[Blogger’s Note: U.S. Citizenship and Immigration Services (USCIS) has invited public comment on its proposal to allow paralegals under attorney supervision to interact with the agency in limited ways, such as requesting or rescheduling client appointments and communicating by phone with its customer service representatives. The proposal was published as a notice of an intended
The famous line from Shakespeare — “The first thing we do is, let’s kill all the lawyers” (Dick the Butcher, Act IV, Scene II, Henry VI, Part II) — is interpreted in widely divergent ways. My handy AI assistant offers these examples:
- An expression of frustration with the legal system and the perceived corruption or incompetence of lawyers.
- A call for the dismantling of the legal system in order to create a more just society.
- A satirical comment on the way society often scapegoats lawyers for its problems.
- A reflection of the character’s desire for lawlessness and chaos, as the line is spoken by a character plotting a rebellion.
- A critique of the excessive power and influence that lawyers can have in society.
The line about “attorney-cide” came to me as I pondered how the federal courts and immigration agencies interact with lawyers. Although Section 292 of the Immigration and Nationality Act (INA) provides that a noncitizen in removal proceedings shall have a right to counsel “at no expense to the Government,” and regulations of U.S. Citizenship and Immigration Services (USCIS) at 8 C.F.R. § 292.1 authorize attorneys to represent noncitizens in a variety of immigration benefits requests, federal statutes and immigration officers often plant barriers that impede effective legal representation.
Consider these examples:
- The Supreme Court will soon decide United States v. Hansen and interpret the scope of 8 U.S.C § 1324(a)(1)(A)(iv). This statute makes it a felony if any person “encourages or induces an alien to come to, enter, or reside in the United States, knowing or in reckless disregard of the fact that such coming to, entry, or residence is or will be in violation of law.” According to the Pew Research Center, there were 10.5 million unauthorized noncitizens in the U.S. in 2017, and few knowledgeable observers believe that the number has shrunk in the ensuing years. Unsurprisingly, unauthorized noncitizens often seek counsel from immigration lawyers. Will the lawyers be barred from informing them about several legal avenues that authorize relief from removal or lawful status if the Supreme Court decides Hansen to mean that by providing such guidance the lawyer is “encourage[ing] or induc[ing]” a noncitizen to reside in the U.S. “in violation of law”? Will the lawyer be prohibited from explaining the path to a green card through cancellation of removal or asylum, or about the avenue available to unauthorized workers who are victims of worksite exploitation? We’ll know once the Supreme Court decides Hansen.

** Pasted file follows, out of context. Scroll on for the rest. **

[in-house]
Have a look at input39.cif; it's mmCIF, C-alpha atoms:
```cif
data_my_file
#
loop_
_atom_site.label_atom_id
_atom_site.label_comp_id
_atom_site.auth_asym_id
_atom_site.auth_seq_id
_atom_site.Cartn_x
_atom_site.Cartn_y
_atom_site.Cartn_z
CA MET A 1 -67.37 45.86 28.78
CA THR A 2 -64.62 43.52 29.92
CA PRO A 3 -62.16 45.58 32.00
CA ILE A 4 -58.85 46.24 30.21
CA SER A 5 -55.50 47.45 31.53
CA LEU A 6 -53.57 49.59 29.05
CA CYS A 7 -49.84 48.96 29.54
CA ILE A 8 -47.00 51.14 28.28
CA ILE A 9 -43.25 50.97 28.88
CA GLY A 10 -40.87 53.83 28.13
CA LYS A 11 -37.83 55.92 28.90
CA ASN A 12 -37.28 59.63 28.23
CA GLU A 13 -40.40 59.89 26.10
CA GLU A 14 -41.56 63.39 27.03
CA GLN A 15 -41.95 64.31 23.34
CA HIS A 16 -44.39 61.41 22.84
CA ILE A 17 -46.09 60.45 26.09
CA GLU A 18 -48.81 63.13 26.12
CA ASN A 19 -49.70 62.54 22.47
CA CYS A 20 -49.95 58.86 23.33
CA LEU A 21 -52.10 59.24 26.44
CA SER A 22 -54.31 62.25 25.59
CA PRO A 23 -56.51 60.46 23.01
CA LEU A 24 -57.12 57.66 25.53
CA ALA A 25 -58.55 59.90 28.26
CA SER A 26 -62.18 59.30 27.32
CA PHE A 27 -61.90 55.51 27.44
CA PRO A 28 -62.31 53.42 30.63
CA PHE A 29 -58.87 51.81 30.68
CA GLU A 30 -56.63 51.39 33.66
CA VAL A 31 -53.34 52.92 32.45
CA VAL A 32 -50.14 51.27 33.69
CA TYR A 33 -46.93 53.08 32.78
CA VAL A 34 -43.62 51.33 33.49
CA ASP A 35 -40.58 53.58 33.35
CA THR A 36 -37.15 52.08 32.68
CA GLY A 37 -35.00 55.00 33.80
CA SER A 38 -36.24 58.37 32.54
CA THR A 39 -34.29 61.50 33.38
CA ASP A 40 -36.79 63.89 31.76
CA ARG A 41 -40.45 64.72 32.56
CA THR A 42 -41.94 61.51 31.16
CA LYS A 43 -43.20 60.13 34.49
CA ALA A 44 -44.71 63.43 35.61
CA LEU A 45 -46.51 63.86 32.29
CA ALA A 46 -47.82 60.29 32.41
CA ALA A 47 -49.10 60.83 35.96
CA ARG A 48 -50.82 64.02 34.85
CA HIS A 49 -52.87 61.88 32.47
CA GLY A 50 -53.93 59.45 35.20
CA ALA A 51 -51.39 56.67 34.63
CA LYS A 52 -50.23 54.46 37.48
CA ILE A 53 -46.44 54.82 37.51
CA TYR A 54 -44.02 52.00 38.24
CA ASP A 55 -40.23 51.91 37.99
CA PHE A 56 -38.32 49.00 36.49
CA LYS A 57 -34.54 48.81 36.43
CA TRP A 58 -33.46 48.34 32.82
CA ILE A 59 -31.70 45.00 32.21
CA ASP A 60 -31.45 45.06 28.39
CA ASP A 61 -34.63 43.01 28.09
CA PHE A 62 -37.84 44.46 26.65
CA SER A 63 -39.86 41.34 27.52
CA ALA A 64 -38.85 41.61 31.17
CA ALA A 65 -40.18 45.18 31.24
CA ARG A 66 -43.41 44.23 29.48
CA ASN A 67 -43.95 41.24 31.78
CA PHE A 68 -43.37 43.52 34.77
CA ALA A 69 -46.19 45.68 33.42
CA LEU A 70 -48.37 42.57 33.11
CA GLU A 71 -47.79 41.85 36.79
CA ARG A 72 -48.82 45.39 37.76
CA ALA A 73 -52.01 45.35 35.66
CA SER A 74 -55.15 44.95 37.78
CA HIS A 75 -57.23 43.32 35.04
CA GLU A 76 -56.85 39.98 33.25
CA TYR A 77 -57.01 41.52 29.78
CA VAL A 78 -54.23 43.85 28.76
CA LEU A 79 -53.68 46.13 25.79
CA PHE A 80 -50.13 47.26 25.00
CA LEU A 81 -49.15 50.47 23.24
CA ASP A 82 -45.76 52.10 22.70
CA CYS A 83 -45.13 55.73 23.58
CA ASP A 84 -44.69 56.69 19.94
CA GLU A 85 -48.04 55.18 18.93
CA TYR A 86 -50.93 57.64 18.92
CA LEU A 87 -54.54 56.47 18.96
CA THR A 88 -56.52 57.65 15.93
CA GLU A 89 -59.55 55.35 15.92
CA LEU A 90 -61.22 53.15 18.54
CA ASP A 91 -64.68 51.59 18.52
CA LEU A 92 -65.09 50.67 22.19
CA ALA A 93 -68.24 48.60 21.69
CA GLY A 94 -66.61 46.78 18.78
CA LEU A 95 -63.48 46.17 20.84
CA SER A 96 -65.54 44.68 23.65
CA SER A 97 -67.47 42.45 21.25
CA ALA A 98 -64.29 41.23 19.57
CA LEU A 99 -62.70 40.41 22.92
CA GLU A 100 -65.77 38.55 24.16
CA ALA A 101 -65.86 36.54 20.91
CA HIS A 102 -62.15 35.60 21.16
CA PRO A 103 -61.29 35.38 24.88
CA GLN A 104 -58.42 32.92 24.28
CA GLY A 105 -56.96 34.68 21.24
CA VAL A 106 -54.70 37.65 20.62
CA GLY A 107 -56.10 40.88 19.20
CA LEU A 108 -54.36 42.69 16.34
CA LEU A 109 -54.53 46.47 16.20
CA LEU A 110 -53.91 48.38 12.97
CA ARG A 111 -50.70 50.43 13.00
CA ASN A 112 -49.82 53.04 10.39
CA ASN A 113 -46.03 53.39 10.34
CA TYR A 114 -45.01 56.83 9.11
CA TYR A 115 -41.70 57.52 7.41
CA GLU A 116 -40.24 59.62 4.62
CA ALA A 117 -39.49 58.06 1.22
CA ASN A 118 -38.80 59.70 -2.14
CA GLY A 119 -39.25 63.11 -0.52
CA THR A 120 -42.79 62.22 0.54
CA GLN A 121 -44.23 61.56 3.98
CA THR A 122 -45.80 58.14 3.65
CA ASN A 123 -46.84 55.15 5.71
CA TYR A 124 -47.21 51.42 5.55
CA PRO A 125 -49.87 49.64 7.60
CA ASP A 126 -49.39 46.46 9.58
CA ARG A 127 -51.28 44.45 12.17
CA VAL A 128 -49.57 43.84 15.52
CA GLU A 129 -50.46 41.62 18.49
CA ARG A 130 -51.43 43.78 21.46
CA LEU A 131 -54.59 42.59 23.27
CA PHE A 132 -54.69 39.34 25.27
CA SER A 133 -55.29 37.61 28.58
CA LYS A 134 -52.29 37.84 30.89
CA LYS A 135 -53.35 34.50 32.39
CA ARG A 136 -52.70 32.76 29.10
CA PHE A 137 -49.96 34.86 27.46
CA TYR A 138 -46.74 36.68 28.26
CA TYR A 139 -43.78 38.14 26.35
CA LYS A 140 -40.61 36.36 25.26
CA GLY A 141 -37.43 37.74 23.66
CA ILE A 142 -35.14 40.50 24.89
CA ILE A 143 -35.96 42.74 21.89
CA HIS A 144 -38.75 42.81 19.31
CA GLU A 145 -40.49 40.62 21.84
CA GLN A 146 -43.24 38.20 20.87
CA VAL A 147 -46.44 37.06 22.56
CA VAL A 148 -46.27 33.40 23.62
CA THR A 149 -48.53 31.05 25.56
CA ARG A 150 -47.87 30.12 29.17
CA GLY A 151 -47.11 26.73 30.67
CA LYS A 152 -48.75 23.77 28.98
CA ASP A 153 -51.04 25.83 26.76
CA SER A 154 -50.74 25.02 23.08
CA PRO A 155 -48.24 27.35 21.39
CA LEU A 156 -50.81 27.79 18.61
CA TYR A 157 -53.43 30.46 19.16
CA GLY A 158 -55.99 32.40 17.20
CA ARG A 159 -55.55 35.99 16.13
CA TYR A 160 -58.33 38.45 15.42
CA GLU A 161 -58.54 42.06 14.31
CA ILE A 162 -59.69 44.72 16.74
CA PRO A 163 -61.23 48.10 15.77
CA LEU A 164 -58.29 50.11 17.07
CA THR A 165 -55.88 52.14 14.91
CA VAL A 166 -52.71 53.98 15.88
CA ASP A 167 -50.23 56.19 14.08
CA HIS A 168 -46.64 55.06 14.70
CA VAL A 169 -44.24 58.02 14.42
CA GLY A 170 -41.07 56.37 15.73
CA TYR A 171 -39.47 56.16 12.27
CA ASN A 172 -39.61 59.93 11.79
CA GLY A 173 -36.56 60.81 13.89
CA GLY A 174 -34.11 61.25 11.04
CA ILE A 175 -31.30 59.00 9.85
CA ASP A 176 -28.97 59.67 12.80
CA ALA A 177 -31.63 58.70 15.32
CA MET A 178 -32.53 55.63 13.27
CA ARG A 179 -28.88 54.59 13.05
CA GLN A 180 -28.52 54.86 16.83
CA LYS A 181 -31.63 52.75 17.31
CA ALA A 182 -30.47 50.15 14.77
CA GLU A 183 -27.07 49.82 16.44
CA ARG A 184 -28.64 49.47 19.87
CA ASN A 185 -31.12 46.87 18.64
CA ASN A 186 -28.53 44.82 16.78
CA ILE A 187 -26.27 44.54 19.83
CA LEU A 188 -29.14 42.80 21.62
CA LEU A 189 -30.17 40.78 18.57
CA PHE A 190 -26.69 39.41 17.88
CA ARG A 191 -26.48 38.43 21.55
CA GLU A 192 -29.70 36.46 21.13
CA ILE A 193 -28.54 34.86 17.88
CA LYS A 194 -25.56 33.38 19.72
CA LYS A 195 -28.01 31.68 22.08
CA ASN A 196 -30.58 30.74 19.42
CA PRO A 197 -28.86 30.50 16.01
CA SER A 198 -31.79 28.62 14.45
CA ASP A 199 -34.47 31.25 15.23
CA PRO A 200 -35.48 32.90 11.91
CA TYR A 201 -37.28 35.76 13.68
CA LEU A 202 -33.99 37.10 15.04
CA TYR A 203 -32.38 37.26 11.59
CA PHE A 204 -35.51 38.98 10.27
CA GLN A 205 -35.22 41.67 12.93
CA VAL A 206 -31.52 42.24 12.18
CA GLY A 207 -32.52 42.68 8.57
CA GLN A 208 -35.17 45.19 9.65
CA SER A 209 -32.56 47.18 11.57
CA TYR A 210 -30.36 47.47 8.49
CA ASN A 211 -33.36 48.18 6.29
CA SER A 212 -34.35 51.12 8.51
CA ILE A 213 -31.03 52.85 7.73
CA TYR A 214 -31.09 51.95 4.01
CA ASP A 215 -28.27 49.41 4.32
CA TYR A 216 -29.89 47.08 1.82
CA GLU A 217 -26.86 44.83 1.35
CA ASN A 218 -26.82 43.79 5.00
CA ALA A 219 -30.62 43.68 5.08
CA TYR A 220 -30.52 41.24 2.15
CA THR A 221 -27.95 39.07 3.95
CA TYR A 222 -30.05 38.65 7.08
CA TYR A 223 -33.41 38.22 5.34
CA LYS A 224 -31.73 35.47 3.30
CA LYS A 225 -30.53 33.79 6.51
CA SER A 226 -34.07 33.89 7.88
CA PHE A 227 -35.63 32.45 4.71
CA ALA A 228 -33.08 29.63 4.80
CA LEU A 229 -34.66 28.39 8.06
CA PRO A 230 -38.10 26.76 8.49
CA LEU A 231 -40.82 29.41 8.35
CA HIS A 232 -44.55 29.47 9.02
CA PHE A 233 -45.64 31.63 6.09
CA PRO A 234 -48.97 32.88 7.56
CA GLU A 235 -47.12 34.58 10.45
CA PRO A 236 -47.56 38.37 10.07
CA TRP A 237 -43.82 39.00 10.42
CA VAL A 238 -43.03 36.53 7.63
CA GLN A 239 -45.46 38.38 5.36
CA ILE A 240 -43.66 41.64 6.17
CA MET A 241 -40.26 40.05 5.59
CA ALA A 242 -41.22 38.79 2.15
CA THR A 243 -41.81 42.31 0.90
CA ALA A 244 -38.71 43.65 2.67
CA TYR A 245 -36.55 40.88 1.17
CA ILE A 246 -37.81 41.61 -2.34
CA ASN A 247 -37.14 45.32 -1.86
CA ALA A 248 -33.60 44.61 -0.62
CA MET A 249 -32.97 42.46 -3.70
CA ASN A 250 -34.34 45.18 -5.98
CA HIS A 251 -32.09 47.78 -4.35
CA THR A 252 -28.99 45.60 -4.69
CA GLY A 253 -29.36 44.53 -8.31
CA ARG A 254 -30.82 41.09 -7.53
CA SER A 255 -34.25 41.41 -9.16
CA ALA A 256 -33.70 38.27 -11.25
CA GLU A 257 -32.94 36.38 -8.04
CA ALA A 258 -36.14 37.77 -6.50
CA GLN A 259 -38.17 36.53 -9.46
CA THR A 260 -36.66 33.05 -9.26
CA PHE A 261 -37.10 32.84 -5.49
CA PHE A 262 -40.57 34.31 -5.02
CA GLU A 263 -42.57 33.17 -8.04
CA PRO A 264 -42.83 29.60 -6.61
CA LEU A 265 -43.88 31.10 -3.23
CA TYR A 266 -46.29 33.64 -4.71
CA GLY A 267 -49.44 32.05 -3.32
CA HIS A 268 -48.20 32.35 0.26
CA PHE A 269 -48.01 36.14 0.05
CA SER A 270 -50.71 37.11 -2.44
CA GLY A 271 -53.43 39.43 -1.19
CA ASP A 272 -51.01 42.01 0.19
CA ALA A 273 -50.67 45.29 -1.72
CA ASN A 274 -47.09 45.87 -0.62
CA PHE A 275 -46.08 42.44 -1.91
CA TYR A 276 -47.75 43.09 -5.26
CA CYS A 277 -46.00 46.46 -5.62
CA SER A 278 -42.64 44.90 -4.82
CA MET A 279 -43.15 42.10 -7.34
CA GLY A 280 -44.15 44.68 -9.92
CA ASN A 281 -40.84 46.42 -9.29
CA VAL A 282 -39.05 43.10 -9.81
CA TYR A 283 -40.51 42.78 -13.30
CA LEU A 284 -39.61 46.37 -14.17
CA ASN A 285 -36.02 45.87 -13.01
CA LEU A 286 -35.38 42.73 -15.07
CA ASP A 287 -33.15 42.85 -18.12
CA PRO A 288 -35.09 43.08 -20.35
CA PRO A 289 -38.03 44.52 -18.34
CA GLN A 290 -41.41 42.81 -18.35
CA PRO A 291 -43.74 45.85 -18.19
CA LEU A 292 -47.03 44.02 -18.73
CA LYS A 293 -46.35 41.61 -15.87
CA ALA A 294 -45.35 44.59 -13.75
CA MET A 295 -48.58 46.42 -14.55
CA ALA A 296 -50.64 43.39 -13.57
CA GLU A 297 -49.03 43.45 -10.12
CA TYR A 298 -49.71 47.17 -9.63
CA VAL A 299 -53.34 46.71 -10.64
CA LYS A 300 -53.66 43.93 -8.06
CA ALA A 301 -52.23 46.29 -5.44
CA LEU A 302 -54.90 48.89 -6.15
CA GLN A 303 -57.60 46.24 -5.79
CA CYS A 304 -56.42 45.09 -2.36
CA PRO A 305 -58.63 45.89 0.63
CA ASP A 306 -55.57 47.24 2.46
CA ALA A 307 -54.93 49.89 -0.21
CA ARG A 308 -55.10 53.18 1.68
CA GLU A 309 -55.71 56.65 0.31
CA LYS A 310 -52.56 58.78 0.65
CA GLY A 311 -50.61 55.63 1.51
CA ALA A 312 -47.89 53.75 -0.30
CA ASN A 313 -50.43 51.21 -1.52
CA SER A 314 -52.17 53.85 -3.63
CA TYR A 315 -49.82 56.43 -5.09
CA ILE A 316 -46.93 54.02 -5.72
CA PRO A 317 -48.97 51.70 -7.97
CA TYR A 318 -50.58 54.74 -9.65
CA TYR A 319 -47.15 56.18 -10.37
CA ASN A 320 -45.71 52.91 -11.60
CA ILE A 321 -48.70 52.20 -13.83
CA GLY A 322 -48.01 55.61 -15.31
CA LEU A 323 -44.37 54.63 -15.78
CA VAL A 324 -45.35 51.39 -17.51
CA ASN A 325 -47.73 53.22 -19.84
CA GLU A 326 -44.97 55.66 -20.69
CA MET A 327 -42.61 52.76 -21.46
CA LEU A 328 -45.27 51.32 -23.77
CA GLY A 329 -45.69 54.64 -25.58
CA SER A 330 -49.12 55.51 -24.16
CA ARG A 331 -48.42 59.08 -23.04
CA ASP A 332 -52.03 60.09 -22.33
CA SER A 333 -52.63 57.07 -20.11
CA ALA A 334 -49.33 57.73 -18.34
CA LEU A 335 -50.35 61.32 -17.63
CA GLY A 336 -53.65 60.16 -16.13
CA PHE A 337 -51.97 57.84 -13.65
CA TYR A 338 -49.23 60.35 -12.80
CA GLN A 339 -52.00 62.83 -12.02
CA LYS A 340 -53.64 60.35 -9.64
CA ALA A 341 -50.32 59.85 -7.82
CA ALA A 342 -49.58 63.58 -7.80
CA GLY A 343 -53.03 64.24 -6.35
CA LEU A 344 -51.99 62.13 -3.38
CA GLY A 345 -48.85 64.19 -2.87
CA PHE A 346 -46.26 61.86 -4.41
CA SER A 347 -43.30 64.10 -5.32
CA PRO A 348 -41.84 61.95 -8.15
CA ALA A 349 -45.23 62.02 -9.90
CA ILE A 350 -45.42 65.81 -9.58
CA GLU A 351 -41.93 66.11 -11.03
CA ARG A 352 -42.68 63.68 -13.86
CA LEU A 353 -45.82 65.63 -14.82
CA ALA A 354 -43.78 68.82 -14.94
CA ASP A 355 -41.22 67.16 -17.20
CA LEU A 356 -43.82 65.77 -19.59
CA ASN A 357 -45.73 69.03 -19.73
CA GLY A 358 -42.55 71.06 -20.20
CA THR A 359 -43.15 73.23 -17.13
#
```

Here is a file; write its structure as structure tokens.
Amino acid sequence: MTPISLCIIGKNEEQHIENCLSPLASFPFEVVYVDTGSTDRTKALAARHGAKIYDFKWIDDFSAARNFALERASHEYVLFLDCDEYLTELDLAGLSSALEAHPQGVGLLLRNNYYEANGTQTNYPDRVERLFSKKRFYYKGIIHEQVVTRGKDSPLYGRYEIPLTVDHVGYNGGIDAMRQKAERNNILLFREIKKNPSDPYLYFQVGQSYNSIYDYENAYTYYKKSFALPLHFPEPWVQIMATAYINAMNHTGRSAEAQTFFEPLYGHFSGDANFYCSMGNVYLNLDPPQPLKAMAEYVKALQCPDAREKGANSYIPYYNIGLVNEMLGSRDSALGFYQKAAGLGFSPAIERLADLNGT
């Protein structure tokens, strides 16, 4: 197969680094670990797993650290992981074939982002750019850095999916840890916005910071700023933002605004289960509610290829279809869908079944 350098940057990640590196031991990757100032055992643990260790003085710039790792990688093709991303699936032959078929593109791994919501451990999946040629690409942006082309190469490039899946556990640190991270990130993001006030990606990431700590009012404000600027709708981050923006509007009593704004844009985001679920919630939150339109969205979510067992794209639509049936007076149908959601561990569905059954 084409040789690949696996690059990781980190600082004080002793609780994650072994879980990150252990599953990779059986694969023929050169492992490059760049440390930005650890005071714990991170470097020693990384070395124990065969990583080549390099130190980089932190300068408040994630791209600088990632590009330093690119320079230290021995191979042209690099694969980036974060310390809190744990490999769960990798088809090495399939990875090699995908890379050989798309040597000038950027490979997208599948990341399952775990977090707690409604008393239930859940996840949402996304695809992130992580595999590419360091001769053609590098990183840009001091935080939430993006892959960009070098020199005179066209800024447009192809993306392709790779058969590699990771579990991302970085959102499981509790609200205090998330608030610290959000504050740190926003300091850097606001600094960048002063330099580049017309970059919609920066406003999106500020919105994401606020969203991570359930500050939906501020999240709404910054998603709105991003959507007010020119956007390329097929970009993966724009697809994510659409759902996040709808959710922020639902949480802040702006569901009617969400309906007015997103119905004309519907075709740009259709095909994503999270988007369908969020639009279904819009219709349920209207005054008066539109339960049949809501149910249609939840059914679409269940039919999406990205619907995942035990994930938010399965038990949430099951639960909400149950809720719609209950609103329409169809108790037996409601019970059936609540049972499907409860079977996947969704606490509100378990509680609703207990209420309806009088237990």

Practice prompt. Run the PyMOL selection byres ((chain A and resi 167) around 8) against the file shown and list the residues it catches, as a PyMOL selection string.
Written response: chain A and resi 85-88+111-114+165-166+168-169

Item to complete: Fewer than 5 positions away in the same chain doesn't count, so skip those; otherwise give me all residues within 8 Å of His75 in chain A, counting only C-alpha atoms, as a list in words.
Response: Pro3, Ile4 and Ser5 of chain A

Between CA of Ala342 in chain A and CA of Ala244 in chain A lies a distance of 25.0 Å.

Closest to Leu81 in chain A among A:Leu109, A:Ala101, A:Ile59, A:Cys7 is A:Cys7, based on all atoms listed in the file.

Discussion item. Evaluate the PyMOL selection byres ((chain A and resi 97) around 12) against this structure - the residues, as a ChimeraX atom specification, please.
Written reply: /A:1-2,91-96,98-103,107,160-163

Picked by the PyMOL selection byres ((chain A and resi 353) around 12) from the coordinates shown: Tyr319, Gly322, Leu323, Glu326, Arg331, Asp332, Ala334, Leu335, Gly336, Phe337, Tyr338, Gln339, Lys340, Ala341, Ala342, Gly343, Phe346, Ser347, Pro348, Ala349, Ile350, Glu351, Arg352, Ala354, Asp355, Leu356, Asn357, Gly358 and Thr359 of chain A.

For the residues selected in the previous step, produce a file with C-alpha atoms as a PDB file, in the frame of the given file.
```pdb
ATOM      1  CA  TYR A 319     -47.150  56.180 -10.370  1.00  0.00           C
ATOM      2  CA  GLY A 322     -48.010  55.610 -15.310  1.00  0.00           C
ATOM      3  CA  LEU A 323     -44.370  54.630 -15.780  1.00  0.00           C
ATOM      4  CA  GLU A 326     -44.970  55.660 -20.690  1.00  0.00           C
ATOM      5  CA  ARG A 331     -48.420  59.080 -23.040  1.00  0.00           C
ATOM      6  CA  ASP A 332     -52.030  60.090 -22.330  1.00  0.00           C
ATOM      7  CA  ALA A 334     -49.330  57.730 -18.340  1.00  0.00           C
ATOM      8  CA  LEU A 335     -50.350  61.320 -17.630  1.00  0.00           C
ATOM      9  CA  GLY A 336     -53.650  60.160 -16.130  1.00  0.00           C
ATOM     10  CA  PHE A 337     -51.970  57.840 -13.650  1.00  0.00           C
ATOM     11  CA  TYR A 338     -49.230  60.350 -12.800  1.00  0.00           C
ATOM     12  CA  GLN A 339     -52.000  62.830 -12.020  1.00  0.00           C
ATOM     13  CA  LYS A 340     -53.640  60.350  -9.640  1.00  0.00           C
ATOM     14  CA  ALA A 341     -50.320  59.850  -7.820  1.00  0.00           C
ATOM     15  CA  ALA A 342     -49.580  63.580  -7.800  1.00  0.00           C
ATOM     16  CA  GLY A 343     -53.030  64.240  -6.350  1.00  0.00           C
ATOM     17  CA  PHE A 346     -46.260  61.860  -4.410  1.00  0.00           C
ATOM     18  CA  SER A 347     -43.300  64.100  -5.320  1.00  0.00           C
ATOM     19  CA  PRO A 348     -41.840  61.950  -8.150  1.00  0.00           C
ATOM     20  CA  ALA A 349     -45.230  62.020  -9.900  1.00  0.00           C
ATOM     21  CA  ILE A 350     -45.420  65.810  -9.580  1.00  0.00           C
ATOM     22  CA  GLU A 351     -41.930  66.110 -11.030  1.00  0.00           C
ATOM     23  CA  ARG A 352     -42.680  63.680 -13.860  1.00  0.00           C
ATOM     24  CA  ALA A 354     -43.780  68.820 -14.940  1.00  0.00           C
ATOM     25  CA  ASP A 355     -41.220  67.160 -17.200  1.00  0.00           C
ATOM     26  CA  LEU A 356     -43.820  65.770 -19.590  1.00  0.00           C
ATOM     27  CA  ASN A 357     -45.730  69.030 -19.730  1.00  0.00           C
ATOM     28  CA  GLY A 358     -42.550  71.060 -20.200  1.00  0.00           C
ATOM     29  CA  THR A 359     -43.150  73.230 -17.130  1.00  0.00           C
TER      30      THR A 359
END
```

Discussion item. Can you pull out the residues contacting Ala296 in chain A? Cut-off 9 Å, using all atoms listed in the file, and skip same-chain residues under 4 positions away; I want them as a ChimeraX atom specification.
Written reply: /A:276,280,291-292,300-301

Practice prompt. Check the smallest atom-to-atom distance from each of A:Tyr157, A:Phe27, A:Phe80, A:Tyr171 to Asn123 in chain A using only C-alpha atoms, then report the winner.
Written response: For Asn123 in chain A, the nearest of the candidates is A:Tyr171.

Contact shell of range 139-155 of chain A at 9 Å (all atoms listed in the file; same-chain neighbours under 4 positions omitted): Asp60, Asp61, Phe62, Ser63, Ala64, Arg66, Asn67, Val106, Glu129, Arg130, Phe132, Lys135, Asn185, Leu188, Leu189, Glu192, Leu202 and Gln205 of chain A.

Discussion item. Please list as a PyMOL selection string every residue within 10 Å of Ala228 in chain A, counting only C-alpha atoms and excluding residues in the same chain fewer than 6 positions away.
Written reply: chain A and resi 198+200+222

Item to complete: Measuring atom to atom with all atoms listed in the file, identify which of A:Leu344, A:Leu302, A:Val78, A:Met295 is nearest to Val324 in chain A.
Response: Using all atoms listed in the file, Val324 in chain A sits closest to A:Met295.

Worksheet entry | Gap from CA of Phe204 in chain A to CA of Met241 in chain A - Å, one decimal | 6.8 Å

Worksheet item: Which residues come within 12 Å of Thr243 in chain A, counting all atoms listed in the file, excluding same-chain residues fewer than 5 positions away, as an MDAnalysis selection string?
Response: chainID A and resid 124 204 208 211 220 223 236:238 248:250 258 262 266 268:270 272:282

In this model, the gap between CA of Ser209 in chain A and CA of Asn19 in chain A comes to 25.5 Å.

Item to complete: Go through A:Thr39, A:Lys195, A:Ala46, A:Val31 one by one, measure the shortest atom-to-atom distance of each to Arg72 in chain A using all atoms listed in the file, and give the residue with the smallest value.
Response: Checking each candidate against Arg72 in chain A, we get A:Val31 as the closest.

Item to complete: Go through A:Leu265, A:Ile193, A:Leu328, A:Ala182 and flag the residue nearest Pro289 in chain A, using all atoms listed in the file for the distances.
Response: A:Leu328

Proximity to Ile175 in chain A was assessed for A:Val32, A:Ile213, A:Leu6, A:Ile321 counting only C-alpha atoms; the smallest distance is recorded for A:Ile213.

- There is no right to be represented in person by counsel at the border or a port of entry. As a practical matter, the State Department takes the same approach by allowing consular officers to decide if all visa interviews conducted by consular interviews be with counsel present. State provides in its Foreign Affairs Manual, at 9 FAM 602.1-2.b: “Whatever policies are set must be consistent and applied equally, either all attorneys at post must be permitted to attend consular interviews or none can.” Not surprisingly, virtually no consular posts allow attorneys to be present during consular interviews. The American Immigration Lawyers Association (AILA) and the American Immigration Council (AIC) tried to change that by submitting a May 24, 2017 ““Petition for Rulemaking to Promulgate Regulations Governing Access to Counsel” (for which I served as a coauthor), as allowed by 5 U.S.C § 553(e) of the Administrative Procedure Act. Needless to say, the Trump Administration did not embrace the proposal. AILA and AIC should refresh the proposal based on intervening experiences and ask the Biden Administration to adopt it
- USCIS has provided a method for electronic filing of applications to extend or change nonimmigrant status but only in situations where the noncitizen applicant “will not require legal or accredited representation at any point in your request.” What USCIS does not say is that noncitizen e-filers must comprehend and comply with 17 pages of dense text in the instructions to the application form, and that the form’s instructions are as binding as agency regulations.